If you're interested in getting life insurance, you're probably doing this to deal with the loved ones who would remain behind within the unfortunate event of the passing. Your spouse or partner, for instance, along with any dependents. But there are more beloved people you might like to consider, too – those whose life and/or happiness is supported by a nonprofit organization or charity.
If there is a charity that has meant a great deal to you over the years – or you merely desire to be generous together with your end-of-life planning – you're not alone. Based on Giving USA, Americans gave a lot more than $427 billion (with a “b”) to nonprofits in 2021 (the most recent year that details are available). However, the amount of that came from after-life planning is not specified. (One expert told us it is a relatively small portion, because tax benefits tend to favor the living, and because a lot of people neglect to make an estate plan.)
For those attempting to incorporate a charity in their end-of-life planning, there are some ideas to bear in mind, in addition to some benefits and drawbacks to think about. We spoken with Patrick Hicks, estate planning attorney at Trust & Will (whose online will services are included at no cost included in the Haven Life Plus rider, contained in the Haven Term life policy. Trust & Will also can be obtained independently from the Haven Life Plus rider, like a paid service). Hicks told us what you need to learn about giving a life insurance policy to charity.
Identify the reasons you need to support
A lot of us occasionally think, “Hey, I ought to really support [my kid's school/my local hospital/my favorite cause].” However for better and for worse, the amount of causes worth our time, attention and resources is overwhelming. Zero in on in which you really want your hard earned money to visit, and who can use it most.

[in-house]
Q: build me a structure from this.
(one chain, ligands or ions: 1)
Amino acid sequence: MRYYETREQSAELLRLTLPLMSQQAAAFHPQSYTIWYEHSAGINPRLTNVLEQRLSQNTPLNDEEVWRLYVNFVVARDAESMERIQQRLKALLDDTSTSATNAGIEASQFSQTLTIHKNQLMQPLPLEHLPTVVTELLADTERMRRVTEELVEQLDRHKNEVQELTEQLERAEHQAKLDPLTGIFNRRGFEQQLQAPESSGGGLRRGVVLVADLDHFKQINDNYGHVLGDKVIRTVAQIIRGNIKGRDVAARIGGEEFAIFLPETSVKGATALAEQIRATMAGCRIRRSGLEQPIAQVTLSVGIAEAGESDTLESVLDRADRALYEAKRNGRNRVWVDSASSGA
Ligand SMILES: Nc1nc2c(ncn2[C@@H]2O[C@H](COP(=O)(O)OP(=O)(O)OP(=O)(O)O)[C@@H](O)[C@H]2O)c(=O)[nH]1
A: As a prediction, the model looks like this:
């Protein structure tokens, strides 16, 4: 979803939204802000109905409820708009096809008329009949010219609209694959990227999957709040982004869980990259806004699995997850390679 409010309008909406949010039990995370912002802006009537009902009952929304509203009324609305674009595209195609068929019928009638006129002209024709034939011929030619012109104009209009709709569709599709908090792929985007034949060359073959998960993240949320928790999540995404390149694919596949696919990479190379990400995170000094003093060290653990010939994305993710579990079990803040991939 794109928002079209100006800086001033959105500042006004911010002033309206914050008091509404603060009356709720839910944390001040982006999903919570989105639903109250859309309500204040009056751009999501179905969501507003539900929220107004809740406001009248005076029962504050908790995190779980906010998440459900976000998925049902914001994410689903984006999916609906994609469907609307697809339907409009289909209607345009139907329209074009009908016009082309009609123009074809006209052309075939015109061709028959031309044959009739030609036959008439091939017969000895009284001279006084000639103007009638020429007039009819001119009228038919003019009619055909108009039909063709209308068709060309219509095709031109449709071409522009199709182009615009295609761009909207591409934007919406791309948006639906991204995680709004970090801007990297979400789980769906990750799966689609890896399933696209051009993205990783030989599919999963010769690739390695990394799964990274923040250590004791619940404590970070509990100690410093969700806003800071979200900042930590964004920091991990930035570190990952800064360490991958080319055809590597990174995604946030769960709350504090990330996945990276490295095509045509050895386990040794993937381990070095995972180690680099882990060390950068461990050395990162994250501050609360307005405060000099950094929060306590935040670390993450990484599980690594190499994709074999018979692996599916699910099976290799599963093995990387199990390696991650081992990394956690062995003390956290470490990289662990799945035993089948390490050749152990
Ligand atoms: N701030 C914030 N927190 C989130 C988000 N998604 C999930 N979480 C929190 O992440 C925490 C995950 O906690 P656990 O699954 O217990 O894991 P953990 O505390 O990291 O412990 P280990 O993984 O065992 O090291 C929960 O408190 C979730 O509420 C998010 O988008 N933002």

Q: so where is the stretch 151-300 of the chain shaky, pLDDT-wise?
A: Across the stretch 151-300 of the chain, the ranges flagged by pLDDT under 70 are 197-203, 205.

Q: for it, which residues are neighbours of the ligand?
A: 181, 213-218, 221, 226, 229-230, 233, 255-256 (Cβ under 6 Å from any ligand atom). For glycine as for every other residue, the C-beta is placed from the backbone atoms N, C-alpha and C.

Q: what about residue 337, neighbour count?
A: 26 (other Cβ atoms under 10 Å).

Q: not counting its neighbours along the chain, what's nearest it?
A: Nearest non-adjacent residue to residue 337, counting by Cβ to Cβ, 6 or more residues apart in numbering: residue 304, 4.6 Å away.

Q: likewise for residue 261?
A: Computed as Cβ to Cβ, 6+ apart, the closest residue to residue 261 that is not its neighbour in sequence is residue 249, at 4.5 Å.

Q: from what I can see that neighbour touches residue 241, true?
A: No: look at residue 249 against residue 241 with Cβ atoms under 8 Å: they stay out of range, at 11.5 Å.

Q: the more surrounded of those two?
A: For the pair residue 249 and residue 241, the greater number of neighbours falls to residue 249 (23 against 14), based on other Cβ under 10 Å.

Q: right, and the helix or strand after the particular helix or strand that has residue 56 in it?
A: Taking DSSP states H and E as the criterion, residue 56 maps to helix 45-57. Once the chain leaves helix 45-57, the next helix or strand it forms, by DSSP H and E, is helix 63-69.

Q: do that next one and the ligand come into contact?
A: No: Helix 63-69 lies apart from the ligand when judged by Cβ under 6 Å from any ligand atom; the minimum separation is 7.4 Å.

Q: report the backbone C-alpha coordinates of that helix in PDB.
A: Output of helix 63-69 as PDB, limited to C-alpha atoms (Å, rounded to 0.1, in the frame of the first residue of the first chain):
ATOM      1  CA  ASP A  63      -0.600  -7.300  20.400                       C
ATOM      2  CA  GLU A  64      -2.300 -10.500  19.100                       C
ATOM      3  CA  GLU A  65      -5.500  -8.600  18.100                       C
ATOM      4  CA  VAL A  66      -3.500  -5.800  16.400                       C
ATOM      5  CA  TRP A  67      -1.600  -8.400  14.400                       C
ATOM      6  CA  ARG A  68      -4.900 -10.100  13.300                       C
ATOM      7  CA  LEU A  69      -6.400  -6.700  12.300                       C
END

“It sounds simple,” Hicks says. “But it’s vital that you be sure you’ve identified the business you actually wish to support. There are many charities doing wonderful things and lots of of these have much the same names. Some charities have regional offices or chapters, which means you could decide to offer the national organization as a whole or support the local chapter directly.” Quite simply, decide whether you would like your money to support an organization's broader mission, nationally or perhaps internationally, or you want your dollars to make their impact felt nearer to home.
And while it might seem obvious, factors to consider the business is legit. “Make sure to get the organization’s full legal name (which often varies from their commonly used names) and their EIN or tax identification number,” Hicks says. “Most charities include this online, but you may also check aggregator sites, like Charity Navigator.”
Speaking of: Organizations like Charity Navigator also grade nonprofits on how efficiently they spend their (read: your) money. It certainly is worth checking their site to make sure you're getting the most nonprofit bang for the donated bucks.
Consider giving a part of your estate plan